This week the cholera outbreak in Yemen became the largest and fastest epidemic of its kind ever to be documented since record keeping began in 1949, according to UN, NGO and human rights groups working to also stave off a famine in the Middle East nation.
As of Wednesday, doctors with the UN’s World Health Organization reported 815,314 cases and 2,156 deaths as a result since the epidemic began sweeping across the country in April, NGO Save the Children International reported. It took just six months in Yemen to break the previous record set over the course of seven years in Haiti.
Cholera is spread through fecal bacteria in water.
Appropriately, international human rights groups blame the proxy civil war in Yemen, now two and a half years strong with no end in sight as the world barely takes notice. Saudi Arabia, backed by a vast supply of American armament, is recklessly bombarding the country in its fight against Houthi rebels, who are supported by Iran.
In its aerial campaign, Saudi Arabia has destroyed Yemen’s water sanitation system and hospitals, compounding the problem.
According to Save the Children, about 4,000 suspected cases are reported daily—more than half of which are children under the age of 18. Of those infected, the NGO said, 25 percent of cases are children under the age of five. If the pace remains constant, more than 1 million Yemenis will become infected, with 600,000 of those being minors, Save the Children warned on Wednesday.
What’s being done to help those poor people?
Nothing—other than the outstanding work being carried out by aid workers and volunteer doctors.
“It is completely shocking. The existence of a cholera outbreak in general is unforgivable in the 21st century because it means there’s no access to clean water or sanitation,” Ruairidh Villar of Save the Children told Foreign Policy on Tuesday. “This shouldn’t happen.”
In late 2016, a Singaporean ship named the Kota Nazar was loaded with 636 containers of steel, paper, medicine and other goods, bound for Hodeida, the largest cargo port in Yemen. But the needed supplies never got there.
The U.N. tried to set up a system in May 2016 to help in the delivery of commercial goods through the blockade, but it failed in guaranteeing Yemenis get what they’ve needed.
Airports in Yemen lie dormant, indefinitely closed. A naval blockade by Saudi Arabia and its Sunni-Gulf partners is preventing critical, life-saving humanitarian aid from reaching Yemeni’s afflicted with cholera, which has hung around in the country for years, according to Yemen Country Director Tamer Kirolos.
“It’s what you get when a country is brought to its knees by conflict, when a healthcare system is on the brink of collapse, when its children are starving, and when its people are blocked from getting the medical treatment they need,” Kirolos said.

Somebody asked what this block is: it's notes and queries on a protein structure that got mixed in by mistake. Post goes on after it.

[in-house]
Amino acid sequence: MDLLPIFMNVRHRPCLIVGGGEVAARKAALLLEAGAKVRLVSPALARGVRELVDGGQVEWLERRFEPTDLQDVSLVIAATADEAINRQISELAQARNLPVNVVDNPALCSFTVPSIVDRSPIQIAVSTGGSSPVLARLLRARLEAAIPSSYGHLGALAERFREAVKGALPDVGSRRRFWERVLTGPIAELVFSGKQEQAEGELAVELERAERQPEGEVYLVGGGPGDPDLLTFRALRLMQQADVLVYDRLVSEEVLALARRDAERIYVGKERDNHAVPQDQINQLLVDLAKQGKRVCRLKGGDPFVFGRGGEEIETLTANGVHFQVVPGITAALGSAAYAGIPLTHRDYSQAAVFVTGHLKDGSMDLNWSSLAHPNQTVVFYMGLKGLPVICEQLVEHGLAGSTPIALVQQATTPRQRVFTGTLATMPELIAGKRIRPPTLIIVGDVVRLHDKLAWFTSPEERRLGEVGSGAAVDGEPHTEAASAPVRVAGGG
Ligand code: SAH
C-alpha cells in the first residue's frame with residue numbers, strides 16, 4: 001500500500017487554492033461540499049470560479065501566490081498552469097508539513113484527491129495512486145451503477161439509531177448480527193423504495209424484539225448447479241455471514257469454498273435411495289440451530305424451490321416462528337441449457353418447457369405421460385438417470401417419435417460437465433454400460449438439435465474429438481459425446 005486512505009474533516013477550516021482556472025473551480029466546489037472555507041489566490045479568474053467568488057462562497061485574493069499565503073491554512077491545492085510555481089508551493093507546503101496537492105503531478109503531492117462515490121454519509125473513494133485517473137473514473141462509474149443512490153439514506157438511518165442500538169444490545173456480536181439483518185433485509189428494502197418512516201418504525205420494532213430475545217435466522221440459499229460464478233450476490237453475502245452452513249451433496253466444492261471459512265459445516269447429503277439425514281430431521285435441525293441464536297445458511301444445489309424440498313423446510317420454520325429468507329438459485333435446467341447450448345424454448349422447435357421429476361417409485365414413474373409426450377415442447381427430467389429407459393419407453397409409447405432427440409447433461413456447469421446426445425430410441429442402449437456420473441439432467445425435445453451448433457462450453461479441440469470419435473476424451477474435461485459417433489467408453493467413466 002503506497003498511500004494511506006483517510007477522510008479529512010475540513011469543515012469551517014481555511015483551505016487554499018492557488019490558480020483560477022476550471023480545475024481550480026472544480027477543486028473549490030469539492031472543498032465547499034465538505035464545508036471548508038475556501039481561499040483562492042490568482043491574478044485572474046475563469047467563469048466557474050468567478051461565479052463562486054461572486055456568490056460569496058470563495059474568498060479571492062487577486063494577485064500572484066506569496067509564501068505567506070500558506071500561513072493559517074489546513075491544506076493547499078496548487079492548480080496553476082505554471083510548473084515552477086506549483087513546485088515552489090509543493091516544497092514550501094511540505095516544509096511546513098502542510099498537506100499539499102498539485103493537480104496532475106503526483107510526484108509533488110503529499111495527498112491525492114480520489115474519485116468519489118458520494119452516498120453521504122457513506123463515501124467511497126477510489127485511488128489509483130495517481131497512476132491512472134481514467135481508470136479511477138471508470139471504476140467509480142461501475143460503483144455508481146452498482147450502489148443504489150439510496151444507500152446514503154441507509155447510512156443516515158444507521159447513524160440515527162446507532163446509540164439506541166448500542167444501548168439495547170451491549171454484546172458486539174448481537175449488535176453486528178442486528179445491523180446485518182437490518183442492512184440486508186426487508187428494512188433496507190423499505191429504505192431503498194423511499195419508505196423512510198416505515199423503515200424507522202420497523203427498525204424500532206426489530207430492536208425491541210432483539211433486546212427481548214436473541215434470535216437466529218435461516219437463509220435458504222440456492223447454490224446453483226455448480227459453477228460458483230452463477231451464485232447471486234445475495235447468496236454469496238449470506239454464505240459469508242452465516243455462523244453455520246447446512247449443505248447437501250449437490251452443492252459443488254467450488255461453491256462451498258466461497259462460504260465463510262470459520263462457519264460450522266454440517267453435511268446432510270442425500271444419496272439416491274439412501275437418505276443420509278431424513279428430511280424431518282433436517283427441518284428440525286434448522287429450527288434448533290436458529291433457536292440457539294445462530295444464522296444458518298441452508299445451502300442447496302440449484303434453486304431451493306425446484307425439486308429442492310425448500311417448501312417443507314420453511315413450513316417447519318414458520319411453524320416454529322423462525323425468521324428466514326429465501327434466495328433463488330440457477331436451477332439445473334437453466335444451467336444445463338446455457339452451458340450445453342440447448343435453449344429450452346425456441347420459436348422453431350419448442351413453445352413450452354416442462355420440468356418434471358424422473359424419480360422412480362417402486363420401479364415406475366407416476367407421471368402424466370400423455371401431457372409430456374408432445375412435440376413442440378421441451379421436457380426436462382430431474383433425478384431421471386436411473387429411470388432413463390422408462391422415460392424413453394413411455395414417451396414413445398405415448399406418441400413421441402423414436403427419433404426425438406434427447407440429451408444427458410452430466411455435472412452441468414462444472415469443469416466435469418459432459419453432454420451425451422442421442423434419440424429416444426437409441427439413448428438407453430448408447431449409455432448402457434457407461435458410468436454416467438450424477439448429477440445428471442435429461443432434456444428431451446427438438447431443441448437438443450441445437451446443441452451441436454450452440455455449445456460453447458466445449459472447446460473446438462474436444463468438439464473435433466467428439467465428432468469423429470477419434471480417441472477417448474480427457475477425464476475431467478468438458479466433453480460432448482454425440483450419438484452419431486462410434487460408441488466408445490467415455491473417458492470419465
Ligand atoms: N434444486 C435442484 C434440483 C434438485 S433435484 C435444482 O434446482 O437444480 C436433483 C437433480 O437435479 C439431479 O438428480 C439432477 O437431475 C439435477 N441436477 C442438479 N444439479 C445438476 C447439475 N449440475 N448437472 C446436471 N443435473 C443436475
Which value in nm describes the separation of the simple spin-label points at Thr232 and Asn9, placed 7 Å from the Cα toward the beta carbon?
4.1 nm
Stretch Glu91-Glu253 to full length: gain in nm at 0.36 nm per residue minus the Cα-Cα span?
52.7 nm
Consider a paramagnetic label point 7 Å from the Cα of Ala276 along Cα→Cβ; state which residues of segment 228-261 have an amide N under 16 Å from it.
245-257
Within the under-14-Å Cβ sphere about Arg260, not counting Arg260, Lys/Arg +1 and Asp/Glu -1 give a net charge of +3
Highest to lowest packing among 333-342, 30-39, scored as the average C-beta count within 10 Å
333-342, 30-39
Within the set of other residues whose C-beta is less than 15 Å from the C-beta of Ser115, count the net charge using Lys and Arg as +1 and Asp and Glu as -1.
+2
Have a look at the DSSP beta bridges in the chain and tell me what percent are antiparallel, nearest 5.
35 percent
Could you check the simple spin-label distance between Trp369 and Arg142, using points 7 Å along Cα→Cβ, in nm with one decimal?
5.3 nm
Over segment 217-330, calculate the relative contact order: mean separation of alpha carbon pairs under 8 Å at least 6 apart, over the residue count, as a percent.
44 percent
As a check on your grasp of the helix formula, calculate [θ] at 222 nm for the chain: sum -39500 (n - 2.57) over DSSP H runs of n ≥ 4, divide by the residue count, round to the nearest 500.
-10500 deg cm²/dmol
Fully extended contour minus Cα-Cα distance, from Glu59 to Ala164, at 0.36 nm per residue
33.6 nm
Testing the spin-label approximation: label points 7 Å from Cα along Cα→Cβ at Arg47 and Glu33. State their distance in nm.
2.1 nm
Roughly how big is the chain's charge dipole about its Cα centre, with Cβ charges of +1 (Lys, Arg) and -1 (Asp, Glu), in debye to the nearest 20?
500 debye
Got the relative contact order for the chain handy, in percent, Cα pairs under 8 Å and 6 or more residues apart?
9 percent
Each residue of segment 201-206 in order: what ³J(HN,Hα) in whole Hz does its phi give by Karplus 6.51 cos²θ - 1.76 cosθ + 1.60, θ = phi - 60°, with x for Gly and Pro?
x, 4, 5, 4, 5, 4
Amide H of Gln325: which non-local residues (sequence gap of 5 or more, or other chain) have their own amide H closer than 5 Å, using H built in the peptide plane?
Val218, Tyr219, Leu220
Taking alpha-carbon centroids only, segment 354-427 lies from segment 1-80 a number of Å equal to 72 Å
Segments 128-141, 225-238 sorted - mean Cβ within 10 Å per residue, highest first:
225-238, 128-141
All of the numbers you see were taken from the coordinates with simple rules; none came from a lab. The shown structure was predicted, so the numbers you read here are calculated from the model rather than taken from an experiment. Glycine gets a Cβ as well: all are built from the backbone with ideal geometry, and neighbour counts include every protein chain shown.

“There’s no doubt this is a man-made crisis,” he continued. “Cholera only rears its head when there’s a complete and total breakdown in sanitation. All parties to the conflict must take responsibility for the health emergency we find ourselves in.”
The war has destroyed the economy, left millions without jobs or the means to earn a living, and forced 3 million people to flee their homes, according to UN figures.
The chaos has created a crisis that has left 7 million people on the brink of starvation. And the war has destroyed or damaged more than half the country’s health facilities and ushered in one of the world’s worst cholera outbreaks in over 50 years.
Simultaneously, as Oxfam noted, the world’s major arms exporters—obviously including the U.K. and U.S.—are making more money from arming the Saudi-led coalition fighting the Houthi rebels than they are spending on Yemen’s humanitarian appeal. In 2016, Saudi Arabia spent nearly $3 billion on arms from the world’s major arms exporters.
As of July, many of those same governments had given just $620 million toward the $2.1 billion overall UN appeal for Yemen.
By selling arms to Saudi Arabia for massive profits out the back door and giving a pittance in aid in the front door, the West—chiefly the U.S.—once again stands as a global hypocrite on the international stage as children publicly starve to death.
Here’s the problem, though: Is anyone paying attention?
Les Neuhaus is a National and International Politics contributor for the Observer. Follow him on Twitter @LesNeuhaus
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